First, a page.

Suicide, Accountability and the First Amendment: The Tragic Case of Conrad Roy and Michelle Carter 

 “The Death of Chatterton” by Henry Wallis, depicting the death of Thomas Chatterton, another suicidal youth. Part of the Public Domain. 


As I sat on the edge of my bed getting ready to watch Gran Torino on my old school PlayStation 2, I decided to check my Twitter one last time. Immediately I noticed there was a lot of tweets about the so-called “texting suicide case”. If you have not heard about this, let me bring you up to speed.

20-year-old Conrad Roy was in a long distance, on-and-off relationship with 17-year-old Michelle Carter at the time of his tragic death. Both Roy and Carter had struggled with issues such as depression for much of their adolescence.

While it is unclear exactly what led to Roy’s final emotional collapse we do know that he contacted Carter on Sunday, July 14th, 2014 where he either contemplated or outright threatened suicide.

It appears at first that Carter either tried to talk him out of it or was dismissive, possibly not believing him. Eventually, she began to actually encourage Roy to go through with the suicide, which he unfortunately did. Michelle Carter was found guilty of involuntary manslaughter and sentenced to 2.5 years in prison (though only required to serve 15 months) yesterday, August 3rd, 2017.

That is obviously a vague recap but that is because I only wish to cover the basics. What I have just written is NOT why I started writing this piece. I am writing it because of the very real, very DANGEROUS precedent it sets now that Miss Carter has been convicted.

We pride ourselves on our freedom here in America. It’s the foundation of the very idea of American exceptionalism. When we specifically discuss our 1st Amendment rights, a popular defense of unfettered free speech is that we must defend all speech, not just the speech that is popular.

There is nothing more UNPOPULAR than a youth taking his own life while in grips of mental illness or emotional distress. It is heartbreaking and terrible. To know that a youth such as Carter could either be so emotionally unstable or simply cold and callous such as to suggest suicide to such a troubled young man shakes this writer to his very core.

But she should not be in a jail cell for this.

As libertarians, we cherish values like personal responsibility and accountability. But if you think this girl should be in jail because a disturbed young man decided to take his own life, you might want to re-think where you are coming from on this. Is it your belief in freedom, or your emotions getting the best of you?

As I gazed upon the pictures of this young woman crying once she learned of her fate, I remembered my own arrest. I remembered the feeling. The feeling of fear as they took me out of my mother’s house. My puppy looking at me bewildered and frightened (she now fears police officers as a result). Knowing I could do 15 years for a crime I did not even commit.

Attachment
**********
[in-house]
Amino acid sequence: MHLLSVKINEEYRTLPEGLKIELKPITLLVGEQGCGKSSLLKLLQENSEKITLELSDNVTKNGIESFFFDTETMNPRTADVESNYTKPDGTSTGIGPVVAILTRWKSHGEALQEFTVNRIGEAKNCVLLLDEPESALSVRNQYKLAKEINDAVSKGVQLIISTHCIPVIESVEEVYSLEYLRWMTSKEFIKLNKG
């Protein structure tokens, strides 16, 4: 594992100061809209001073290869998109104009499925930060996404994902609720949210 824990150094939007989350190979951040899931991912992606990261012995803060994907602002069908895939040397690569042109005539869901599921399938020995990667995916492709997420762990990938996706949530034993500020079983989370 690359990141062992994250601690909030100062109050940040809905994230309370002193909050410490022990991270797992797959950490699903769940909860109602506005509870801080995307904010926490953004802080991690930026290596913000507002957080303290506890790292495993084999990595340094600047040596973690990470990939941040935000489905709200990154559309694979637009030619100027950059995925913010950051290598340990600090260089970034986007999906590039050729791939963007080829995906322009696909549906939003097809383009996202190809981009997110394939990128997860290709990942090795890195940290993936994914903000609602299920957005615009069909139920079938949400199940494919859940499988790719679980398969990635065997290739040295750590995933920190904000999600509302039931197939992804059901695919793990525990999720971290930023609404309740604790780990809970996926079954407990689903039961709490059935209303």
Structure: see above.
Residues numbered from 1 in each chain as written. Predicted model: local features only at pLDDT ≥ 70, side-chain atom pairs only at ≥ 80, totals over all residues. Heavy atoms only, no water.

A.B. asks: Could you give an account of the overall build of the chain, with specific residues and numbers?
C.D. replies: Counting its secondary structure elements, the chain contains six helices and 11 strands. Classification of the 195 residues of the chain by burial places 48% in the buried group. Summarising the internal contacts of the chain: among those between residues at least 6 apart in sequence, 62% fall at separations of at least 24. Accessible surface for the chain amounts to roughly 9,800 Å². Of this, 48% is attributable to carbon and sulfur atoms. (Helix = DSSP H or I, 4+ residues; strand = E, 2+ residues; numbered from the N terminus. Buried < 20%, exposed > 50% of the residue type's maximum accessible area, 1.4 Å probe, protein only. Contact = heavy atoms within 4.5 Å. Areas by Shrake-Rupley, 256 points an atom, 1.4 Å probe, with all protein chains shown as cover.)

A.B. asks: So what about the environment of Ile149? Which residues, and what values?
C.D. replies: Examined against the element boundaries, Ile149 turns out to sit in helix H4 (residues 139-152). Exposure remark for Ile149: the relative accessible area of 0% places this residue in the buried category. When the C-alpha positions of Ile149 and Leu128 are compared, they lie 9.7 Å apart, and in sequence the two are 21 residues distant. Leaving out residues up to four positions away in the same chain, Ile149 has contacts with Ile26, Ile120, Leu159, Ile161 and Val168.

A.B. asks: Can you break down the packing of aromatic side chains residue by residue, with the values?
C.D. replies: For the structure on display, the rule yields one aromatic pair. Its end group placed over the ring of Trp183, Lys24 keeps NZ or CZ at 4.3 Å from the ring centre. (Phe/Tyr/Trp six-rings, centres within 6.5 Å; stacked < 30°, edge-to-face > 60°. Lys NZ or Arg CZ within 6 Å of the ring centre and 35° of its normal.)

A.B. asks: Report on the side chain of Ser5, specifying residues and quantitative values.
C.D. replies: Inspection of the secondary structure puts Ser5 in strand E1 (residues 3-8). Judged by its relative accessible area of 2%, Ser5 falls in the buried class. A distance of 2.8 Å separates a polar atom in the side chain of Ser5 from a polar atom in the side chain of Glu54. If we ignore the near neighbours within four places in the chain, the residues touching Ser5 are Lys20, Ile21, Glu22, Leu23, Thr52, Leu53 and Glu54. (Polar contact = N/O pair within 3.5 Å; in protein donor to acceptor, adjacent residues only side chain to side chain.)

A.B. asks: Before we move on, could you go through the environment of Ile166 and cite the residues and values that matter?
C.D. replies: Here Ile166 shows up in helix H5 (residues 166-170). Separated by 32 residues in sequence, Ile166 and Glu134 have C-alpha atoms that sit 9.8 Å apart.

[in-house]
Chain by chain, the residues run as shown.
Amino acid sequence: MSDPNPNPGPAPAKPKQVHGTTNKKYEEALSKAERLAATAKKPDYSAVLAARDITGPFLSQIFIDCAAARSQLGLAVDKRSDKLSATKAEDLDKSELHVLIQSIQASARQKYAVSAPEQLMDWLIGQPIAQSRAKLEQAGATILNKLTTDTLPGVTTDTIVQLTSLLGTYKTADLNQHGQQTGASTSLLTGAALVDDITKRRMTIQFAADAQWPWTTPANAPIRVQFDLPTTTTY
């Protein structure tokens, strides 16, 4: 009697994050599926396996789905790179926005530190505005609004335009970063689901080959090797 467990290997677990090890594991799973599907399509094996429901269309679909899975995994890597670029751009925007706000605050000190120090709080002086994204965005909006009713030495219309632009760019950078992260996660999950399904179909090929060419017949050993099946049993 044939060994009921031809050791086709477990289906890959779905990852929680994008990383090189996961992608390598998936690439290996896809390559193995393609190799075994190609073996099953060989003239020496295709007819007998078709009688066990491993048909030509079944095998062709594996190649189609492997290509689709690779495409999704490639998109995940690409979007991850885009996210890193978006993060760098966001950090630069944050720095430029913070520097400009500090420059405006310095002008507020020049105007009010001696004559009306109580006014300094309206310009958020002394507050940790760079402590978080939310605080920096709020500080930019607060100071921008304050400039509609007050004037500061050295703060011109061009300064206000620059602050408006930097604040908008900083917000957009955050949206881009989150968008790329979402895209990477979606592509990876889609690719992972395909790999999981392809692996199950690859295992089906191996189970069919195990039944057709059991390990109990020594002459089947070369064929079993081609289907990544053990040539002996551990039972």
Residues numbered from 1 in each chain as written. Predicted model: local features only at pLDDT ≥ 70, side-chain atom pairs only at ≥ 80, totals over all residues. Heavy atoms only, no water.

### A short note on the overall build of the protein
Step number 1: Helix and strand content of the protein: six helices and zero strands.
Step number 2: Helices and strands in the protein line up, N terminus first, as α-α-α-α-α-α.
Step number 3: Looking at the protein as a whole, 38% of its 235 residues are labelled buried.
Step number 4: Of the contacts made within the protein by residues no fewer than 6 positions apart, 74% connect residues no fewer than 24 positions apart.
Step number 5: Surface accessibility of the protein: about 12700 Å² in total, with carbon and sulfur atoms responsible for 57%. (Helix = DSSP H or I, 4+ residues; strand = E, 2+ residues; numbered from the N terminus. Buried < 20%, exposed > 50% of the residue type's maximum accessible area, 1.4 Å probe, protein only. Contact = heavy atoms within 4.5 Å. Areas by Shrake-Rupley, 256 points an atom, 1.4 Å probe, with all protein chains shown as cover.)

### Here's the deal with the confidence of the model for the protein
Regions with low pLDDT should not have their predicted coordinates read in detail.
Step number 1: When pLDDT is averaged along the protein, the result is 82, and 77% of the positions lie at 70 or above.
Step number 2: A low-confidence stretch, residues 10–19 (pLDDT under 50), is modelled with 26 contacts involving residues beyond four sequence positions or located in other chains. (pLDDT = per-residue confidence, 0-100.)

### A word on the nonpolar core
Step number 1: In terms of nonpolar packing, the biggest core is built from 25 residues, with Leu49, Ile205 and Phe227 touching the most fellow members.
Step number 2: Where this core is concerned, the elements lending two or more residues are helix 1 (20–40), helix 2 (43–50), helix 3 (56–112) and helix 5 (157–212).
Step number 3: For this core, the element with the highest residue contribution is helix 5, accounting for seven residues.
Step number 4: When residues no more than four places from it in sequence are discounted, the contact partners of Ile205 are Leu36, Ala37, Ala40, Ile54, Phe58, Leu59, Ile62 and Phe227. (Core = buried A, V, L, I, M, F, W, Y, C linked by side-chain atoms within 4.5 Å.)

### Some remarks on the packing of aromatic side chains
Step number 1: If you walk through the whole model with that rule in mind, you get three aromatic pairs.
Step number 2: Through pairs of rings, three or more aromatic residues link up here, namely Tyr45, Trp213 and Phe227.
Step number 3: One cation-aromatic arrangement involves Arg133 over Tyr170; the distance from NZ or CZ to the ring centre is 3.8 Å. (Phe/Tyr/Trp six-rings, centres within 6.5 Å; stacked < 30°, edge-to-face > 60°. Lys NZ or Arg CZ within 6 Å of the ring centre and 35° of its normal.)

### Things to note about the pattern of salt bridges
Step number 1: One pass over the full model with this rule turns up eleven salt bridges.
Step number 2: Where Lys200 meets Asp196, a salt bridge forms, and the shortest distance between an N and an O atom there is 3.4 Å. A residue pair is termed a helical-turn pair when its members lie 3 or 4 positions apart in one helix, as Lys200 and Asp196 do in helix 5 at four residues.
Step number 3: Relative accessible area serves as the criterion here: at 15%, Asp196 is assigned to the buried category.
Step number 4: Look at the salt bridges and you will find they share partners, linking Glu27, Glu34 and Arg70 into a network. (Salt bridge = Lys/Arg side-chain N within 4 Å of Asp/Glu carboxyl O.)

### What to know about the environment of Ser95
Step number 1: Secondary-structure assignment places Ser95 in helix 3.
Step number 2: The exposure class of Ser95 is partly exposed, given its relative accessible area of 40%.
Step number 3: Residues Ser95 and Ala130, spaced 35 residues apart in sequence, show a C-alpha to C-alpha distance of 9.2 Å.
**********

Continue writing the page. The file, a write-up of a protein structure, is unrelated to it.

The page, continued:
And a few months into this nightmare, I remember contemplating suicide… something I had NEVER considered in my life.

Long story short, my innocence was eventually proven. I was lucky. I was lucky because ONE day in a cell while I awaited my arraignment changed me forever. I literally amended my whole life style to all but guarantee that I would never suffer that again. I was also a 30-year-old man, not an emotionally disturbed teenage girl.

Young Michelle Carter is disturbed. That is of course, just my opinion. I am not a psychologist. But I know that if ONE single day in a holding cell changed me, 15 months around much more hardened criminals could very well change Miss Carter as well, and quite possibly NOT for the better.

I have seen the effects time on the inside can have a person. Most of my friends have done at least a night in lock-up. Some, have served at least a few months. A few, have done serious time. It changes you. It is a frightening experience, to say the least.

And I am by no means saying that criminals don’t deserve that experience. What I am saying is that while this might have been an isolated incident where (upon receiving treatment) she could fully recover and become a productive member of society, she might now just become worse. Despondent, misanthropic and utterly joyless at the prospects that now await her as a convicted felon, we might have created the very criminal our justice system is meant to rehabilitate.

In closing, I want to revisit the precedent this sets. We can not allow emotionally unstable people to dictate the course of the discussion regarding our freedoms. It is by far, the biggest slap in the face to responsible people everywhere who check their emotions at the door. We are quickly becoming a society of “my feelings” rather than having a logical discussion about truth, consequences and ultimately accountability.

As a writer, I get criticism with EVERY piece I pen and publish. I am there, responding to my critics. The age of social media and the Internet affords us (writers) this opportunity. When Norman Mailer responded to his critics, he would have to write a piece, send it to a newspaper and then wait until the next day to see it in print. I am glad that is no longer the case. While usually, this is a semi-civil discussion, sometimes it gets ugly. It’s the nature of the beast and I accept that. What I will never accept is that when it finally devolves into ugly, vitriolic garbage that I will not be able to tell this hypothetical critic to take a flying leap without the fear that I might go to jail if he/she kills him/herself.

I hope my fellow writers, as well as all Americans, feel the say way.

 

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